Coronavirus: why the world will turn to India for a vaccine


serum institute


Half a dozen Indian companies are developing coronavirus vaccines

US Secretary of State Mike Pompeo said last week that India and the United States are working together to develop vaccines against the coronavirus.

Mr. Pompeo’s remark was not entirely a surprise.

The two countries have managed a internationally recognized joint vaccine development program for more than three decades.

They worked on stopping dengue fever, enteric disease, the flu and tuberculosis. Dengue vaccine trials are planned for the near future.

India is one of the largest manufacturers of generic drugs and vaccines in the world. It is home to half a dozen major vaccine manufacturers and a multitude of smaller manufacturers, among other diseases, for polio, meningitis, pneumonia, rotavirus, BCG, measles, mumps and rubella.

Today, half a dozen Indian companies are developing vaccines against the virus that causes Covid-19.

One of them is the Serum Institute of India, the world’s largest vaccine manufacturer by the number of doses produced and sold worldwide. The 53-year-old company produces 1.5 billion doses each year, mostly from its two facilities in the western city of Pune. (He has two other small factories in the Netherlands and the Czech Republic.) About 7,000 people work for the company.

The company supplies around twenty vaccines to 165 countries. Some 80% of its vaccines are exported and, at an average of 50 cents per dose, they are among the cheapest in the world.

Now, the company has partnered with Codagenix, an American biotechnology company, to develop a “live attenuated” vaccine, among the more than 80 that are said to be in development worldwide.

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Pune-based Serum Institute of India is the world’s largest vaccine manufacturer

This vaccine is created by reducing the virulence – or removing harmful properties – of a pathogen while keeping it alive. (They do not cause any illness or very mild illness because the pathogen is weakened under laboratory conditions.)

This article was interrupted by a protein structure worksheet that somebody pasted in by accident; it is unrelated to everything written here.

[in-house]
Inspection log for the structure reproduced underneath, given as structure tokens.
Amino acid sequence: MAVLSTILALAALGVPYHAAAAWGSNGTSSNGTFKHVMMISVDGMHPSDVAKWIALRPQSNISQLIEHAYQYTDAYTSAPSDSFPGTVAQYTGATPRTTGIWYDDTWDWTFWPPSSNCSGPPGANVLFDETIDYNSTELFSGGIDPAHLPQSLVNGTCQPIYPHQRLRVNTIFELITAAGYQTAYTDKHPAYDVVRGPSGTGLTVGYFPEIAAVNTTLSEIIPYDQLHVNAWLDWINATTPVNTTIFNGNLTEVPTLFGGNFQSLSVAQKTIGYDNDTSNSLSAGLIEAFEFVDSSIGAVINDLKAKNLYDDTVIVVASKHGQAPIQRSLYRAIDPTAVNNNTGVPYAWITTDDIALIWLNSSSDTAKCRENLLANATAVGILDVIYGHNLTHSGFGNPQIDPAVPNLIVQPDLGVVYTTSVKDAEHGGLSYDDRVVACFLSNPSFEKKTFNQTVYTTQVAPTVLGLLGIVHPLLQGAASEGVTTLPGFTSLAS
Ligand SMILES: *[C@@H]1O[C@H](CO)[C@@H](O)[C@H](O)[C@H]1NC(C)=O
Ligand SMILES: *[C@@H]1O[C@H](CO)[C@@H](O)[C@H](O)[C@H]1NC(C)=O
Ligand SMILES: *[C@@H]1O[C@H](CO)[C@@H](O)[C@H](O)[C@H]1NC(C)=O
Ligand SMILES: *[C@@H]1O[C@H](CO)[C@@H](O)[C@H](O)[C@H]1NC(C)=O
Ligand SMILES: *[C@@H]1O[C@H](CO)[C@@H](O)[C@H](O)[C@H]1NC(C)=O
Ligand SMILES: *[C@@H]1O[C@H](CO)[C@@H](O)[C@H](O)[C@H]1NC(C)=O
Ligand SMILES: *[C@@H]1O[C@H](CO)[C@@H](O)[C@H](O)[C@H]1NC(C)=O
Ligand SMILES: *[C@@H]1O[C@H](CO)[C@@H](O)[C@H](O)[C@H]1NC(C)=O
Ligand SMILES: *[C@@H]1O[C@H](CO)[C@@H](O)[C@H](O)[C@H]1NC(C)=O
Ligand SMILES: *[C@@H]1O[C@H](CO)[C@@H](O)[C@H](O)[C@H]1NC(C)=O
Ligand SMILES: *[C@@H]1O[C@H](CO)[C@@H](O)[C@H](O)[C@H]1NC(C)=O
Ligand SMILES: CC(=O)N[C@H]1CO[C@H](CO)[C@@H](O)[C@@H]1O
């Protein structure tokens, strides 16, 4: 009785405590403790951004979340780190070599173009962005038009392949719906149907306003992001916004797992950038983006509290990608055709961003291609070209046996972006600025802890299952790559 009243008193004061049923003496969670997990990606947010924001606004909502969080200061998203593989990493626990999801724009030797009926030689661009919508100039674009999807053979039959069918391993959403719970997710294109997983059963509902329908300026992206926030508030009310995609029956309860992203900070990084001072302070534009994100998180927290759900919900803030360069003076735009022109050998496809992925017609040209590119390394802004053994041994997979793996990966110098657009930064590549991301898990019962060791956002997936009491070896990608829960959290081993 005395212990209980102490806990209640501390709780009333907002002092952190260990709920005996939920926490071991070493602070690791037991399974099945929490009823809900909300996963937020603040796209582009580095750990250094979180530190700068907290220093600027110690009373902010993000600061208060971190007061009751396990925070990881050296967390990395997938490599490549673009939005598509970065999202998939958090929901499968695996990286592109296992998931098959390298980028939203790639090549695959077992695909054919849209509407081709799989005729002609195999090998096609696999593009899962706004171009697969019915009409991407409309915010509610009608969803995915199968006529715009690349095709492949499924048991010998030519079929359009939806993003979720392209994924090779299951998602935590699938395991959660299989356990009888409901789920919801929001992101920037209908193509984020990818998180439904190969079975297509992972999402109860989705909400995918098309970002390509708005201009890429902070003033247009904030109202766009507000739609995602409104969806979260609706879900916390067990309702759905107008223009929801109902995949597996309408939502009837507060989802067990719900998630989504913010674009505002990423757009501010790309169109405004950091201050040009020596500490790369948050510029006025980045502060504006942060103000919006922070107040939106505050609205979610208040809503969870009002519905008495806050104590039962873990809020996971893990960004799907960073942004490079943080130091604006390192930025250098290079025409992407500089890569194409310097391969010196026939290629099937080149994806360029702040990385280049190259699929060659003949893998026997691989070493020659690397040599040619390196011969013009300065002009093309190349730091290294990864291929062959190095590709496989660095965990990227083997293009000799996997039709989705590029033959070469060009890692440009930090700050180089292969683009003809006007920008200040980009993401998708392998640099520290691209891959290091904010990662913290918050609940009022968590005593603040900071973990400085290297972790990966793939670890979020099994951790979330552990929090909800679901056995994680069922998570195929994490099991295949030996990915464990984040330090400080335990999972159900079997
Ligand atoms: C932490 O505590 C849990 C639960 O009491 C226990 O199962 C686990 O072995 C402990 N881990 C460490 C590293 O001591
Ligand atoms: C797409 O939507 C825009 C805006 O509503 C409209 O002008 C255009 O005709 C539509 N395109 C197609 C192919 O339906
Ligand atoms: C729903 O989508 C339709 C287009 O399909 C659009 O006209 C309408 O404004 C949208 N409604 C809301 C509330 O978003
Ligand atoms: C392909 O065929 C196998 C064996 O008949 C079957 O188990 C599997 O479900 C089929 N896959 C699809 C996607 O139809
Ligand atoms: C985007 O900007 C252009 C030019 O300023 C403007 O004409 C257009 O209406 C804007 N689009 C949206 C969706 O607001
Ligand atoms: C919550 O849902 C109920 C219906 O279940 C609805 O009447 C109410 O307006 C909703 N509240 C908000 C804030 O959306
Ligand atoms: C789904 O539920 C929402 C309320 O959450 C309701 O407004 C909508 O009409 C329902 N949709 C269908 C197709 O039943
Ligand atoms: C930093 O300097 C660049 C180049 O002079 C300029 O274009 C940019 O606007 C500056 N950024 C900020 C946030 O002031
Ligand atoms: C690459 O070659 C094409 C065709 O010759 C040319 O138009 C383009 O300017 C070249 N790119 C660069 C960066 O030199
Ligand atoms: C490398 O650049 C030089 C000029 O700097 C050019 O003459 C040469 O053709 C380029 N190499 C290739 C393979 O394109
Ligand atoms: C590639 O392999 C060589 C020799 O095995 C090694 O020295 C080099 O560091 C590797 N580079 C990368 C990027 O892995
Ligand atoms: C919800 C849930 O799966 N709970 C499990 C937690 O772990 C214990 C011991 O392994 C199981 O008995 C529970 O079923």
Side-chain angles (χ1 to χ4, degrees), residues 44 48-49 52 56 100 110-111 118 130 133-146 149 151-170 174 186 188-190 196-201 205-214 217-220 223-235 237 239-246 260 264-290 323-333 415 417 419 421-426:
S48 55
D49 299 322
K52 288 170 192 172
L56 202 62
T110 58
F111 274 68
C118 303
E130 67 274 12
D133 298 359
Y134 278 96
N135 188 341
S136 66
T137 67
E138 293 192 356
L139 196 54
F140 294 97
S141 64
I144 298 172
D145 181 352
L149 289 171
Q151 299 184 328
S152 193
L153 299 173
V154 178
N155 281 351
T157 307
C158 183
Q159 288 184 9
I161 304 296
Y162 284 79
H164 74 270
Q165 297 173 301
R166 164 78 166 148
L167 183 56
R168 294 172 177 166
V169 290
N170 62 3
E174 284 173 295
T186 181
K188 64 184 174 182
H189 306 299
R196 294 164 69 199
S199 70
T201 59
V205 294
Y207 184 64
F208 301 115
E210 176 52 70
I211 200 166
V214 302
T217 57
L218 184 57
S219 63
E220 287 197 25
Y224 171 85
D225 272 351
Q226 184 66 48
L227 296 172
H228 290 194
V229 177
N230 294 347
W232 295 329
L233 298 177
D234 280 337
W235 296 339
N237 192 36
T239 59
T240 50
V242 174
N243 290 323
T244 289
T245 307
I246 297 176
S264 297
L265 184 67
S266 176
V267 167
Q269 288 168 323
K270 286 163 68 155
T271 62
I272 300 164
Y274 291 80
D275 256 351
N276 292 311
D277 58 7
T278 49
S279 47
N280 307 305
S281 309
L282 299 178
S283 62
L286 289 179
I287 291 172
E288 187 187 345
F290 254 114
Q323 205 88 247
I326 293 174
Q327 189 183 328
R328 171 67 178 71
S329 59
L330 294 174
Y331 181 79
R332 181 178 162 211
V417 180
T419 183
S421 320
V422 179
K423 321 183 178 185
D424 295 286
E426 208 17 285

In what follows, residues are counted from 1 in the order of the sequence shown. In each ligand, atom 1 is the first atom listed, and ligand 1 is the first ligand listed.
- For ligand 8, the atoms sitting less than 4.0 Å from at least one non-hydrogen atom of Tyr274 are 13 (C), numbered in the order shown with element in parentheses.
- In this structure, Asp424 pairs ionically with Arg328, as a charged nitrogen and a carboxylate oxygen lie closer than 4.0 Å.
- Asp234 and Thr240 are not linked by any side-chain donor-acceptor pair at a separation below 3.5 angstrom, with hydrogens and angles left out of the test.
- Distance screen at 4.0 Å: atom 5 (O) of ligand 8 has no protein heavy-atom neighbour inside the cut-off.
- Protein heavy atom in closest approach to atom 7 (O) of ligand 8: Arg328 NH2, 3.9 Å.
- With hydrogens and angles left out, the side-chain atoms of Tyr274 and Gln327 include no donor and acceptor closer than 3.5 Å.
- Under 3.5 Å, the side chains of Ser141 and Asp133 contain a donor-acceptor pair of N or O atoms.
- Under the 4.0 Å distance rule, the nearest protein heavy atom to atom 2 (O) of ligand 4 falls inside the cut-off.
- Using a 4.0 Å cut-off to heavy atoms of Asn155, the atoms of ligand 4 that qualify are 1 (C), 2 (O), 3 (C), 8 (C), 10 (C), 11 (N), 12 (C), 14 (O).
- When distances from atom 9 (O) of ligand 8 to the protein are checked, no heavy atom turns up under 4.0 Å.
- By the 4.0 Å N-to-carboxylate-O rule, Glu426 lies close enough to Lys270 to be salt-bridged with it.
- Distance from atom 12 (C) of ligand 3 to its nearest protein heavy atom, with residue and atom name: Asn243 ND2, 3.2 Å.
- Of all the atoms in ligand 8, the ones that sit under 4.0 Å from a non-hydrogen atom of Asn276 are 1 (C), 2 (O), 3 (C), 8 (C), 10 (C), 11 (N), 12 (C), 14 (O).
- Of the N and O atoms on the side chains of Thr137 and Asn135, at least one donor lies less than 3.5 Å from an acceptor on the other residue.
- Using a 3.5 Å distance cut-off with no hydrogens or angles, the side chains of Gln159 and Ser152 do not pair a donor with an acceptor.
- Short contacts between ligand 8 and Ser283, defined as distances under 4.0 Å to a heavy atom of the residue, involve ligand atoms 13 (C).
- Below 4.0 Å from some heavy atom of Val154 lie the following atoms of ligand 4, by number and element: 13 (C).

“We are planning a series of animal trials [on mice and primates] of this vaccine in April. By September, we should be able to start testing humans, “Adar Poonawalla, director general of the Serum Institute of India, told me by phone.

Mr. Poonawalla’s company has also teamed up to mass produce a vaccine developed by the University of Oxford and supported by the British government. A genetically modified chimpanzee virus would form the basis of the new vaccine. Human clinical trials began Thursday in Oxford. If all goes well, scientists hope to make at least a million doses by September.

“It’s pretty clear that the world will need hundreds of millions of doses, ideally by the end of this year, to end this pandemic, to get us out of containment,” said Professor Adrian Hill, who is leading the Jenner Institute at Oxford. BBC Health and Science correspondent James Gallagher.

This is where Indian vaccine manufacturers have a head start over the others. Mr. Poonawalla’s company alone has an additional capacity of 400 to 500 million doses. “We have a lot of capacity because we have invested in it,” he says.

There is more. Bharat Biotech, based in Hyderabad, had announced a partnership with the University of Wisconsin Madison and the American company FluGen to manufacture nearly 300 million doses of a vaccine for worldwide distribution. Zydus Cadilla is working on two vaccines, while Biological E, Indian Immunologicals and Mynvax are each developing one vaccine. Four or five other locally grown vaccines are in the early stages of development.

“The credit must go to entrepreneurs and pharmaceutical companies who have invested in quality manufacturing and in the processes that have made it possible to produce in bulk. The owners of these companies have also had the goal of doing good to the world, while running a successful business. and this model is win-win for everyone, “said Soumya Swaminathan, chief scientist at the World Health Organization (WHO).

Experts warn that people should not expect a vaccine on the market anytime soon.

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Media captionCoronavirus: What is a vaccine and how is it made?

David Nabbaro, professor of global health at Imperial College London, says humans will have to live with the coronavirus threat “for the foreseeable future” because there is no guarantee that a vaccine will be successfully developed.

And Tim Lahey, a vaccine researcher at the University of Vermont Medical Center, warns that there is “good reason to worry that a coronavirus vaccine will also trigger harmful immune responses.”

Global Covid-19 infections have already exceeded 2.5 million people, with more than 177,000 deaths. It will take a long time to develop a safe, mass-produced vaccine – each batch must be tested chemically and biologically before being released. “But we are hopeful that we will have a safe and effective vaccine in two years or less,” said Poonawalla.

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